ChessRules, on 17 May 2010 - 01:47 PM, said:
Really? I bought a Seagate external HD and that's worked for me pretty well for the last few years.
I have less of a problem with their external line than internal line. However, at work our current running tally is pretty much Seagate beating any other brand for failure to a 3 to 1 ratio for their laptop drives.
GamerOpsSteel, on 17 May 2010 - 03:58 PM, said:
well i am running on Qosmio model, cant play most of the FPS games
although i am and will be making my gaming desktop this summer, can anyone recommend a good geforce card?
Still it a good laptop.
Ice_Hole, on 18 May 2010 - 02:15 AM, said:
I have a Toshiba x205 (2x GeForce 8600m's in SLI). It runs hot, really hot. It also circulates a ton of air, which is also hot. The air blows right out the sides of the laptop, right where you would place your hand to use a mouse. The keyboard also gets warm, making it hot to type on, and hot to use a mouse with.
The strange thing, it seemed to me, like the thing got even hotter when I tossed some more RAM into it. It may just be coincidence, but it seems to have made things quite a bit hotter. Thinking about it, I wonder if the motherboard BIOS automatically raised the northbridge bus speeds since the RAM is more than likely better quality than what I pulled out of the machine. I have never known a computer to adjust the bus speeds on it's own with new RAM based on the SPD on the ram. But that is the only way I can describe it.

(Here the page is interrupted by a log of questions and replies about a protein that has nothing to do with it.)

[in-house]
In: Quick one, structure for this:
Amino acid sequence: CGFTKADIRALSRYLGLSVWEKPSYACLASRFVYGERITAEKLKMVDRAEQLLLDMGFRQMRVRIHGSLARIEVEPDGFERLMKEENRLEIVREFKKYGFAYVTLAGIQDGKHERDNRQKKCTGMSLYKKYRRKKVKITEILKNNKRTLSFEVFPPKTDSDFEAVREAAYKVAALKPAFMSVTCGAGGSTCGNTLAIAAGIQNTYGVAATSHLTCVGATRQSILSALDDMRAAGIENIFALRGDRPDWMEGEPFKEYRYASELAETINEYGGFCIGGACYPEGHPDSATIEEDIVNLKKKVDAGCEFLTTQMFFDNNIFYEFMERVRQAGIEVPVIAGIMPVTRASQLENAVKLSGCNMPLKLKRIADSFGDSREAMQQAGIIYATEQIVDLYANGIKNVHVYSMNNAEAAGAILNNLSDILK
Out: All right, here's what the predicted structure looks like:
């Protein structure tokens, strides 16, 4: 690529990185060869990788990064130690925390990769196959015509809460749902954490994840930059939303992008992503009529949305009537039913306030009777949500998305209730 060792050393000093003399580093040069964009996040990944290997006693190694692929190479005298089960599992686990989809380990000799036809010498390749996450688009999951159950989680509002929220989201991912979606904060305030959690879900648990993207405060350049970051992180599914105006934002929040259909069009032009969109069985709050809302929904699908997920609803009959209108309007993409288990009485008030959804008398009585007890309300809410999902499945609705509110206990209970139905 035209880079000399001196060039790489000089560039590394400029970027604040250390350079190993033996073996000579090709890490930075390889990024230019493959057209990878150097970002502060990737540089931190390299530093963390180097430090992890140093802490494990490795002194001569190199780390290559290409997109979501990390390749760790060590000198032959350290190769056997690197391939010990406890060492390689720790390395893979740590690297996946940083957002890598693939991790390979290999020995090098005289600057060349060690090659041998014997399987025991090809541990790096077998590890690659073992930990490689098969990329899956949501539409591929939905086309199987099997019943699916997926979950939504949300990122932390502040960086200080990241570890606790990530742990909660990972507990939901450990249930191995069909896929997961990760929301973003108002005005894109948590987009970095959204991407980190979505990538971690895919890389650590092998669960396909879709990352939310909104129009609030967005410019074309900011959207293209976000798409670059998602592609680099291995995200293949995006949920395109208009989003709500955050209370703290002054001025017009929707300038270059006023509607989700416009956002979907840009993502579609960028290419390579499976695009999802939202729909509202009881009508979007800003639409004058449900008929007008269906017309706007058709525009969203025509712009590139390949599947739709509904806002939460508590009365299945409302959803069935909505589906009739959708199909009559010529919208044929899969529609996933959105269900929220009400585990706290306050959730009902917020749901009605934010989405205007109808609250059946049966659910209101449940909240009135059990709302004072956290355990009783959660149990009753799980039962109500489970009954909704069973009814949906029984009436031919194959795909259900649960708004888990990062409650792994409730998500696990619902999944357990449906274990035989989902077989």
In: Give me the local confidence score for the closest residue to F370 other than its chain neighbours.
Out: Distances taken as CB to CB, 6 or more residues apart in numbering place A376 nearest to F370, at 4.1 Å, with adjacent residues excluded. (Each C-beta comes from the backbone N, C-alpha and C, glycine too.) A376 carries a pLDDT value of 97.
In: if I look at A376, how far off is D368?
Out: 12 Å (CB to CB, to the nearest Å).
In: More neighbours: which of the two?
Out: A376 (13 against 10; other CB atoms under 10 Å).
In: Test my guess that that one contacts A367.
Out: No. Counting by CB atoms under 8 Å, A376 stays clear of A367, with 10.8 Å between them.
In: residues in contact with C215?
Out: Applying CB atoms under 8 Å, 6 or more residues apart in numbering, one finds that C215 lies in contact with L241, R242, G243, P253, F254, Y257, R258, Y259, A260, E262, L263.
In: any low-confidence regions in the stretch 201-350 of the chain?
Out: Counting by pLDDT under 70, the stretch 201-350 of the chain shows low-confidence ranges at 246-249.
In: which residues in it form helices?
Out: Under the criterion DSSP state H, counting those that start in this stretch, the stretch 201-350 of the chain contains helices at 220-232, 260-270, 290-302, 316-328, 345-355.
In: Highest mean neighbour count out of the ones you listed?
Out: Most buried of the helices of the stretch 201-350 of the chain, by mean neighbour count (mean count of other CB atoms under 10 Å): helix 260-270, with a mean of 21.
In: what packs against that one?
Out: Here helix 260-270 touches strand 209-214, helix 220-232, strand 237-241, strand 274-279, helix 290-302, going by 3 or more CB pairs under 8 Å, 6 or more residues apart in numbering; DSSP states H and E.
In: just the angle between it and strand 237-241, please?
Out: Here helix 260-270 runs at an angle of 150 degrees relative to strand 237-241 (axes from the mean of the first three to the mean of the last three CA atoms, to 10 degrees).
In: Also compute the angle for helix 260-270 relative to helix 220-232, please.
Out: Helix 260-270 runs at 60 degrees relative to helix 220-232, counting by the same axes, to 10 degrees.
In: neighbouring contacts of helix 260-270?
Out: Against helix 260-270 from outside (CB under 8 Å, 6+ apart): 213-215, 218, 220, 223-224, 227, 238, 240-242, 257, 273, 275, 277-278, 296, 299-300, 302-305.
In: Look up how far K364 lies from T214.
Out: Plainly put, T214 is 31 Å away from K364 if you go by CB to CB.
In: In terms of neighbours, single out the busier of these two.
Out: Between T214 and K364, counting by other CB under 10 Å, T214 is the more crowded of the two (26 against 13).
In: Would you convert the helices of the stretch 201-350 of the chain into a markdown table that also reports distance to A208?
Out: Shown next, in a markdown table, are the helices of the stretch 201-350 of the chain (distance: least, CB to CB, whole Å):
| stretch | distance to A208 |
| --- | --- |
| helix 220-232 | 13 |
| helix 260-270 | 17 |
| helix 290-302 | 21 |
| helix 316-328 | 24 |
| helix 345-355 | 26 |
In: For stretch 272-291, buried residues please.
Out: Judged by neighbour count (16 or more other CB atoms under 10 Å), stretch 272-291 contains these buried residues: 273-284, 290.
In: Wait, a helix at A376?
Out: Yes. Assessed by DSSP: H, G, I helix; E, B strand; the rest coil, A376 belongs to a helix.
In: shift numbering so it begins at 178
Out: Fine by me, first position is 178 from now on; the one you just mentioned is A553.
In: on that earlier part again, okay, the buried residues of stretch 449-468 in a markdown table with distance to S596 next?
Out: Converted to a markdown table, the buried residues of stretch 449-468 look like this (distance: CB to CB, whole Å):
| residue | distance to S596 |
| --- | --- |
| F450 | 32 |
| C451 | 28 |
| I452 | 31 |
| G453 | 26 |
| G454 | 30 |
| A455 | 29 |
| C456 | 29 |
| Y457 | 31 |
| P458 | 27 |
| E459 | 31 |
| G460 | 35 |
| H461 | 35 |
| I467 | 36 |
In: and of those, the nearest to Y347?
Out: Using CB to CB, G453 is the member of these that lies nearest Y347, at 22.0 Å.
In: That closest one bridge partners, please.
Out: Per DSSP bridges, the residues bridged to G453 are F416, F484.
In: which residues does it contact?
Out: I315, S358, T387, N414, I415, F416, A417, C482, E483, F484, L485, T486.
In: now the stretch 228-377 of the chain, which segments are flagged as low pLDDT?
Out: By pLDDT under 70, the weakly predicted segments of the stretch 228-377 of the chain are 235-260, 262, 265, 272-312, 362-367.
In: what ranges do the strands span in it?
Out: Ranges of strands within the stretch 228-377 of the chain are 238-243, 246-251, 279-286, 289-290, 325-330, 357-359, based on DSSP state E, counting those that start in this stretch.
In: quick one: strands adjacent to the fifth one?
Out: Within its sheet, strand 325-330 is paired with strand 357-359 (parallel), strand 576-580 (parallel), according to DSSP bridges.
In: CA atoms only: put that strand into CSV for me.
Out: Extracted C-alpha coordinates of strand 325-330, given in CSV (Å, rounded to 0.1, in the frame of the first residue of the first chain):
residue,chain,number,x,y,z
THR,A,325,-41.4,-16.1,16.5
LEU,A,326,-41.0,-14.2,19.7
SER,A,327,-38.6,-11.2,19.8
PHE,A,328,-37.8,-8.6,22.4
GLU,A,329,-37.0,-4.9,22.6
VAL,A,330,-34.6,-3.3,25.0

I mainly use the laptop when I travel. Having the extra power is nice for editing video of the vacation at night while in the hotel room, and ripping the days video from the DV tapes. Not to mention it's a bit easier than lugging a full tower case around to a LAN party, even if the real gaming rig is preferred.
Um yes...The more physical sticks of ram you add the hotter it gets. That's normal. You need to crank voltage to each piece of equipment. Desktops act the same way, you could of swapped out your ram for faster ram and it would of been a similar thing where it becomes hotter.
I agree mobile gaming rig laptops are far superior to old fashion desktops for lan parties.
ChessRules, on 18 May 2010 - 03:10 AM, said:
That's something interesting: when I upgraded to Windows 7, my CPU started running really, really hot (86-90 degrees) until I went into settings and set max CPU speed to 95% of maximum capacity. Is it possible that Windows 7 might have changed the clock speed?
I somehow doubt that...
Edited by Kelathin, 18 May 2010 - 11:05 AM.